Greg Poland, MD, on The 3 Things You Need to Know About Vaccination in the Elderly


Dr Gregory Poland, from Mayo Clinic, Rochester, speaks about his 3 takeaways for what you need to know about vaccination in the elderly population.

Gregory Poland, MD, is a professor of medicine and infectious diseases at the Mayo Clinic in Rochester, Minnesota, director of the Mayo vaccine research group, and editor in chief of Vaccine



Dr. Greg Poland:  Hello, everybody. My name is Dr. Greg Poland. I'm a professor of medicine and infectious diseases at the Mayo Clinic in Rochester, Minnesota. I'm the director of the Mayo Vaccine Research Group and the editor‑in‑chief of the journal "Vaccine."

Infectious Diseases Consultant:  What are the three big takeaways about immunizations in older adults that our audience should keep top of mind?

Greg Poland:  First of all, I'd focused on the big four. Influenza, pneumococcal, zoster, and Tdap ‑‑ tetanus, diphtheria, acellular pertussis. The second is that these vaccines are designed not necessarily to completely prevent disease but to prevent the complications of these diseases. That's what causes the morbidity and mortality in older adults.

The third thing is, what we're interested above and beyond the immediate prevention of those complications is durability of the immune response. That happens to be a big issue with the new zoster vaccine of superior durability compared to the live‑attenuated vaccine. I think we can say the same thing about pneumococcal vaccine.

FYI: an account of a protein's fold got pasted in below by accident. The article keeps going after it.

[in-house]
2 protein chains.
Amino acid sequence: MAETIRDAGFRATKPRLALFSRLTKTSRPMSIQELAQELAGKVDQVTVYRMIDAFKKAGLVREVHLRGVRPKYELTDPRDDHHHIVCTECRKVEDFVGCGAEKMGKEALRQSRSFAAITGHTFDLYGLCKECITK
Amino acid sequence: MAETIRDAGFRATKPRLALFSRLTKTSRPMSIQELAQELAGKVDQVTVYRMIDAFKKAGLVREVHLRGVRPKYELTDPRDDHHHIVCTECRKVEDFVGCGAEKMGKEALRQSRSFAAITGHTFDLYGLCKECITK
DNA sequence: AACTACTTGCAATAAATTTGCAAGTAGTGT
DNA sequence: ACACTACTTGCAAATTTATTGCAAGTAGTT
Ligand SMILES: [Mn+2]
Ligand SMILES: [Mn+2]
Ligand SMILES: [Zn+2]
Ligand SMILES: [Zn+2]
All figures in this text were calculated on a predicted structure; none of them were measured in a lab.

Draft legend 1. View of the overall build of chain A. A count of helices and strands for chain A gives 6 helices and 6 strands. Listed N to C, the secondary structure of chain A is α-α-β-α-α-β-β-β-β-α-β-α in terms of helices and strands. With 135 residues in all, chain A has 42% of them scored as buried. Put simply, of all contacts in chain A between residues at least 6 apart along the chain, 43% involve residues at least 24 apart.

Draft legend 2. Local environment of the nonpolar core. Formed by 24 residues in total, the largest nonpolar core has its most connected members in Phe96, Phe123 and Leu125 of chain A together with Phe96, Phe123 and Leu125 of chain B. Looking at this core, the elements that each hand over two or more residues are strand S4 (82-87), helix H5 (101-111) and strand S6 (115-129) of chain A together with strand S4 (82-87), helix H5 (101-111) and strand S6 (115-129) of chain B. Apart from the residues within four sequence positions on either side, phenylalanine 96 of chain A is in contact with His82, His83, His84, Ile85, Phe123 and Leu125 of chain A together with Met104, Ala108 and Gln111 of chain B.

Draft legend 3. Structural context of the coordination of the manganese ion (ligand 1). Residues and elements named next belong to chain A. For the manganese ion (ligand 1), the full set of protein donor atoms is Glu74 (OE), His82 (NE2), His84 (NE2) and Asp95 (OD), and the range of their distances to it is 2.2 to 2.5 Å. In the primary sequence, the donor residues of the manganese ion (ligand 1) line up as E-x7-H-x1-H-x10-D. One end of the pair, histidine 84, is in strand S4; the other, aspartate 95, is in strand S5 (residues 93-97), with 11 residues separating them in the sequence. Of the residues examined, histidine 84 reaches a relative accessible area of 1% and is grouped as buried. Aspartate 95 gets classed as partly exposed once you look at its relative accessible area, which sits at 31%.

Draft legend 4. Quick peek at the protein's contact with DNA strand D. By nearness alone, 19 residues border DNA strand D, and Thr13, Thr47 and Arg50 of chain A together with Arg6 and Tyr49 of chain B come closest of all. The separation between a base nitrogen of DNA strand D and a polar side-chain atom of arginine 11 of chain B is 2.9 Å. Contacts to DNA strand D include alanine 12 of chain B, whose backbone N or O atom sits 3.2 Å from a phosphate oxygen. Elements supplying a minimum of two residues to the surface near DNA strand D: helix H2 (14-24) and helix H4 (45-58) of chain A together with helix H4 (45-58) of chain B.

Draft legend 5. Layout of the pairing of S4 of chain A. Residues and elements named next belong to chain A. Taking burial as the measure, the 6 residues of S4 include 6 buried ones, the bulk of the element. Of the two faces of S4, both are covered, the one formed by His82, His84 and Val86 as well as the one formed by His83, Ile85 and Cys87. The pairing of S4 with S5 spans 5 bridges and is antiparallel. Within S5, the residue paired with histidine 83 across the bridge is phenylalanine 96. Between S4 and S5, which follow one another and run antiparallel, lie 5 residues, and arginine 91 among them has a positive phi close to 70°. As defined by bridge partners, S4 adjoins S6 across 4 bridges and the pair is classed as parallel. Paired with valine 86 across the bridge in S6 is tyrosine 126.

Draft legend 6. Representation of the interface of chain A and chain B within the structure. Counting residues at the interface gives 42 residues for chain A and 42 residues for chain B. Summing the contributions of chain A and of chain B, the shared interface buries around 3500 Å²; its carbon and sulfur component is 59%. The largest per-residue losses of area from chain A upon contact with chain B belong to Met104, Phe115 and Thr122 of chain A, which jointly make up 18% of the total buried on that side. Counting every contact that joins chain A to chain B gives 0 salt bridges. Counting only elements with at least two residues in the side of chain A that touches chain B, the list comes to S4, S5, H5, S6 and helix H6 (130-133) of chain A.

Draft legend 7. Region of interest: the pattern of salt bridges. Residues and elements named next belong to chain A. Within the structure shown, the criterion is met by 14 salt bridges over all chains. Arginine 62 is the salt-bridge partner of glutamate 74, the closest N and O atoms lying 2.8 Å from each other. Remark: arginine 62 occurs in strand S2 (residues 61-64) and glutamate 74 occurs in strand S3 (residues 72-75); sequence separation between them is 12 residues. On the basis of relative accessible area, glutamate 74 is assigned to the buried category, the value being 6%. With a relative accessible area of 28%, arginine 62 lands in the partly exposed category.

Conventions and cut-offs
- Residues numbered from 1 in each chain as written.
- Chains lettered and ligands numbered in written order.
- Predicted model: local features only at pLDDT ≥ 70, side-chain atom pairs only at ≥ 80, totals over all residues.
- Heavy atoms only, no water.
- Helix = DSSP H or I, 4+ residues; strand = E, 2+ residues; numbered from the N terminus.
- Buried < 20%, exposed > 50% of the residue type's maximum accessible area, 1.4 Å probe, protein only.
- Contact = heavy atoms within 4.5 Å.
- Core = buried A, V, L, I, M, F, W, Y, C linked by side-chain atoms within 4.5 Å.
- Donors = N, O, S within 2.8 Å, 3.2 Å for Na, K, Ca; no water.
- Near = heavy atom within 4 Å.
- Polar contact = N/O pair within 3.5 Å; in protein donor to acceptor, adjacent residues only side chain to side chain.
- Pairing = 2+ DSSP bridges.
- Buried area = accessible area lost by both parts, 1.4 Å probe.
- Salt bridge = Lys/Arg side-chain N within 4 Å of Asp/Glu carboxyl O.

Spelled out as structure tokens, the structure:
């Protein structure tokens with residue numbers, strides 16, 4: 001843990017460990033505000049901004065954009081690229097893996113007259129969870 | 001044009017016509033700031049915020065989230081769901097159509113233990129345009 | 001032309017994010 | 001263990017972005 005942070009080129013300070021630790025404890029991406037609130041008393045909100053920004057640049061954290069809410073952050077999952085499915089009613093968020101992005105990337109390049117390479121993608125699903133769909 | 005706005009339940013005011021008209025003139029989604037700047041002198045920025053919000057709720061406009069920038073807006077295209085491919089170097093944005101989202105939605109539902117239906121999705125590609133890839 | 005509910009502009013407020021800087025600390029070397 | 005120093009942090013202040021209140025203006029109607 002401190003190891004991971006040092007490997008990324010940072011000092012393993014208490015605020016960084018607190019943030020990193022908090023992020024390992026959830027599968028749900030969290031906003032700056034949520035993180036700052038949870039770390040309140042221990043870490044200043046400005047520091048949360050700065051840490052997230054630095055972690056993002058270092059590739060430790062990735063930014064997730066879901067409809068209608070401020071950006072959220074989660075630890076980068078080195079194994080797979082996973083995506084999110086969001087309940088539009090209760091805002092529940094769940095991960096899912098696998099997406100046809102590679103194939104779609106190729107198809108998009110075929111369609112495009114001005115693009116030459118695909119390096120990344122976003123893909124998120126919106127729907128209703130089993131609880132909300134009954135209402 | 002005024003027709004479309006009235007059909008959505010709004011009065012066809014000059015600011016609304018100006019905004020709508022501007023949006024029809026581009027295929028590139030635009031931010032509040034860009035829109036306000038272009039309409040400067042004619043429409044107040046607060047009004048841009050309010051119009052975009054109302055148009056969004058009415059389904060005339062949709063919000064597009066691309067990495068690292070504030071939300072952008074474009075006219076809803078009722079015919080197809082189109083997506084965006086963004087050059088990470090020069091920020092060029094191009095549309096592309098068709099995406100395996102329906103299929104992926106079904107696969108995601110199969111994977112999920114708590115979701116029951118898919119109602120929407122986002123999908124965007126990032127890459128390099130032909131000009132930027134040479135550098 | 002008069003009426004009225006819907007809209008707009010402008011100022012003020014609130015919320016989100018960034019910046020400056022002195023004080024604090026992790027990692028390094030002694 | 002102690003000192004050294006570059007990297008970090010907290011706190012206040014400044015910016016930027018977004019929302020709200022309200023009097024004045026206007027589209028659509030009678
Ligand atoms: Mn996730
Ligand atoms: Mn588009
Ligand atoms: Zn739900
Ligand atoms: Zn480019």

Influenza vaccine, we still have a problem with. I have to administer it every year because of a strain drift that occurs and the necessity for new formulation of vaccine. Soon you'll see a universal vaccine that we may not have to give as often.

In some way, I think the big thing is we're used to treating disease. That seems to be our focus. I think we need to take an equally large focus on the whole sphere, the whole domain of preventing disease. These are common diseases. They are morbid diseases. We have safe and effective vaccines with which to prevent them.